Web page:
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Can any of you guys tell me what "int filedes" refers to? http://pubs.opengroup.org/onlinepubs/9699919799/functions/read.html

I've noticed I can put any int in there and it seems to work but I don't know what it's for...

Thanks.

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3 Answers 3

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It's a file descriptor. See http://en.wikipedia.org/wiki/File_descriptor. Since it represents an offset to a table lookup of files and pipes, there may be multiple descriptors that could return valid data. 0=stdin and 2=stderr will exist by default, or you can look at the open function to create your own.

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Thank you! makes sense –  pauliwago Nov 6 '11 at 6:16
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You forgot 1 = stdout. –  moshbear Nov 6 '11 at 9:19
    
@moshbear I only listed the ones that fit the "read" use case of the OP, but you're right-- stdout should be learned right along with them. –  phatfingers Nov 6 '11 at 16:03

The very first sentence of the description says, "the file associated with the open file descriptor, fildes". In other words, it indicates the file you're reading from. If your read function call works no matter what file descriptor you pass it, your program isn't doing what you think it is.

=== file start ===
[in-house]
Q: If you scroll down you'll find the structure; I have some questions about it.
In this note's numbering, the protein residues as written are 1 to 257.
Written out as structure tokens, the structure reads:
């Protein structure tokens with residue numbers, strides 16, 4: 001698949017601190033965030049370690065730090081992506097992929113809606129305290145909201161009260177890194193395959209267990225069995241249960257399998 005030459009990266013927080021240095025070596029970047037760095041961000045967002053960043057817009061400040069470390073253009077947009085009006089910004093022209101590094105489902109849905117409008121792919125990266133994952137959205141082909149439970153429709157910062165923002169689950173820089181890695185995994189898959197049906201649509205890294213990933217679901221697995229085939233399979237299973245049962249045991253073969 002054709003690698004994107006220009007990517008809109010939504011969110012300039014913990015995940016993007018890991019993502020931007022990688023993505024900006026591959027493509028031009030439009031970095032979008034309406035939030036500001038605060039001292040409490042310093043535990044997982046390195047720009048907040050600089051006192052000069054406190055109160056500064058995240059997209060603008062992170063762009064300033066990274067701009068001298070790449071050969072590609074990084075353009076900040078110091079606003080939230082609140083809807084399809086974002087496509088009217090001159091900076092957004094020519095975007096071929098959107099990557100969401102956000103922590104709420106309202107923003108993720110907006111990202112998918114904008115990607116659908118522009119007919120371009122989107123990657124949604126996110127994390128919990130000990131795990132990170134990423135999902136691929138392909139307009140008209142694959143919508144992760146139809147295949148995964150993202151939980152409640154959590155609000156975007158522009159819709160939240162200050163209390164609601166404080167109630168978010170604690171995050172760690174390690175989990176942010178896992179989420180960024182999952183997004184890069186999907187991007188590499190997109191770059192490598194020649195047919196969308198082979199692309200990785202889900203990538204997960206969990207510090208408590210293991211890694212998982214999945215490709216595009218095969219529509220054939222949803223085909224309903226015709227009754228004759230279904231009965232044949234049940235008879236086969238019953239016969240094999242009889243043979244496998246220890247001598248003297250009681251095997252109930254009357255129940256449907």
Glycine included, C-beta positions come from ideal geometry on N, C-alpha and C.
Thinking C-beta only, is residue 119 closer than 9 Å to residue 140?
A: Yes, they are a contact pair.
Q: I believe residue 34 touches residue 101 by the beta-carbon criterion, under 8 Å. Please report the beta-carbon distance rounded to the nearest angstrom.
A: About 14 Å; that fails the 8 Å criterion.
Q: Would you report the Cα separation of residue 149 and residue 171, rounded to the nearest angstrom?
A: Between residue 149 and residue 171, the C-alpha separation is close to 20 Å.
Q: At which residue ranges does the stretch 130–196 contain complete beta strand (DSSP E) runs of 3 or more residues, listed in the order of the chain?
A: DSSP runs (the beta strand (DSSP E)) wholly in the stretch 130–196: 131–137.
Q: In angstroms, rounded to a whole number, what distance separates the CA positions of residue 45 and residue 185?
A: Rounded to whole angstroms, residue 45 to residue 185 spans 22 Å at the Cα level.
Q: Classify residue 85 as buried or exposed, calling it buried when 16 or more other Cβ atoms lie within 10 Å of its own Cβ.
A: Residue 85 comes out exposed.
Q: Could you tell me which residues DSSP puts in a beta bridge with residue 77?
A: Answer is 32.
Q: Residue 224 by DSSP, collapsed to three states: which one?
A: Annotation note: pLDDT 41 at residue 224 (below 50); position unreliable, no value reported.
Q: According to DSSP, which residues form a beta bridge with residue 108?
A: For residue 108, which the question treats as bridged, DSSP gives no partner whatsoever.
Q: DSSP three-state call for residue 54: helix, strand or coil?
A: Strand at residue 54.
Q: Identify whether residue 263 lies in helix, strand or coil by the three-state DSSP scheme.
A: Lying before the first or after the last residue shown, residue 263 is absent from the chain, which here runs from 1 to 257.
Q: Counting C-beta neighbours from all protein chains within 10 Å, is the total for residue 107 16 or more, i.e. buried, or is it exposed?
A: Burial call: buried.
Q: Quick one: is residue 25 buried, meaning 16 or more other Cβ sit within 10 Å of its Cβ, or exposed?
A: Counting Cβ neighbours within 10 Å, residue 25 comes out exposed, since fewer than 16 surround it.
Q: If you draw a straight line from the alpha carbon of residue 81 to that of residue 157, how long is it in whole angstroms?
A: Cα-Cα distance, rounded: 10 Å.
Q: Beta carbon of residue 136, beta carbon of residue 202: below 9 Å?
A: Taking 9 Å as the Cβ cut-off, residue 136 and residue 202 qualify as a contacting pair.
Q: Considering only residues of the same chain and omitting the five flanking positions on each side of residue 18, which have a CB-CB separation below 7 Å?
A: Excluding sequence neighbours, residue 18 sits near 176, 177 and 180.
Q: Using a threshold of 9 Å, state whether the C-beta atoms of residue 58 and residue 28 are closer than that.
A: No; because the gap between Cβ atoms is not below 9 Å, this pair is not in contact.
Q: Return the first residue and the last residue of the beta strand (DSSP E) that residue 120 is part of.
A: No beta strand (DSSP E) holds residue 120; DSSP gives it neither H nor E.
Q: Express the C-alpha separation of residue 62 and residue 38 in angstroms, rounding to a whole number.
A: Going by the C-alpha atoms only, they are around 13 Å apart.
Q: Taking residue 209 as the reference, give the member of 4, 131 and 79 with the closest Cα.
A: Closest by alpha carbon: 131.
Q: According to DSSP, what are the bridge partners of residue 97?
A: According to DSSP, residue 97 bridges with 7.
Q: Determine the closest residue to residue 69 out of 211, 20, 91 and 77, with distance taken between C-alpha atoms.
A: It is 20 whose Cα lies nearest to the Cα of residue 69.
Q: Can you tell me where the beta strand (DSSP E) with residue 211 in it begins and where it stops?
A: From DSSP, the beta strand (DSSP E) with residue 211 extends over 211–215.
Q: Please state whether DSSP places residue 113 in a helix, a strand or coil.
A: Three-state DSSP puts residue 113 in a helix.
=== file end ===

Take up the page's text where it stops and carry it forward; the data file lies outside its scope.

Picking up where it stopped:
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Thanks for your response. I'm trying to use the write function to write an array of chars to the terminal. So it looks something like: write(0, [name of array], strlen([name of array])); I don't understand what the "file descriptor" is...I'm already specifying what I want to print. As for the read, I'm trying to read from the console. What file is that? –  pauliwago Nov 6 '11 at 5:59
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write(1, ...), not write(0, ...). Don't confuse FD_STDIN with FD_STDOUT. –  moshbear Nov 6 '11 at 9:20

Somewhere inside the kernel, there is a table comprises of file descriptor entries on a per-process base. A file descriptor is a structure which describes the state of the file. What kind of information has a file descriptor? First of all, position from which the next read/write operation can be performed. Then, the access mode of the file, specified by the open system call. And last but not least, a data structure which represent the on-disk information of a file. In *nix, this is an inode structure. Here, the main question to be answered is : Where resides the blocks of the file in the disk. If you have an inode of a file in the memory, you can find quickly, where is the Nth block of the file(which means you don't need to parse the path every time, and scan each directory in the path to resolve the inode).

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Very good answer, but too localized to on-disk files. There are many more kinds of file descriptors: pipes and sockets, only to mention some, which are not lying on disk. –  glglgl Nov 6 '11 at 11:40

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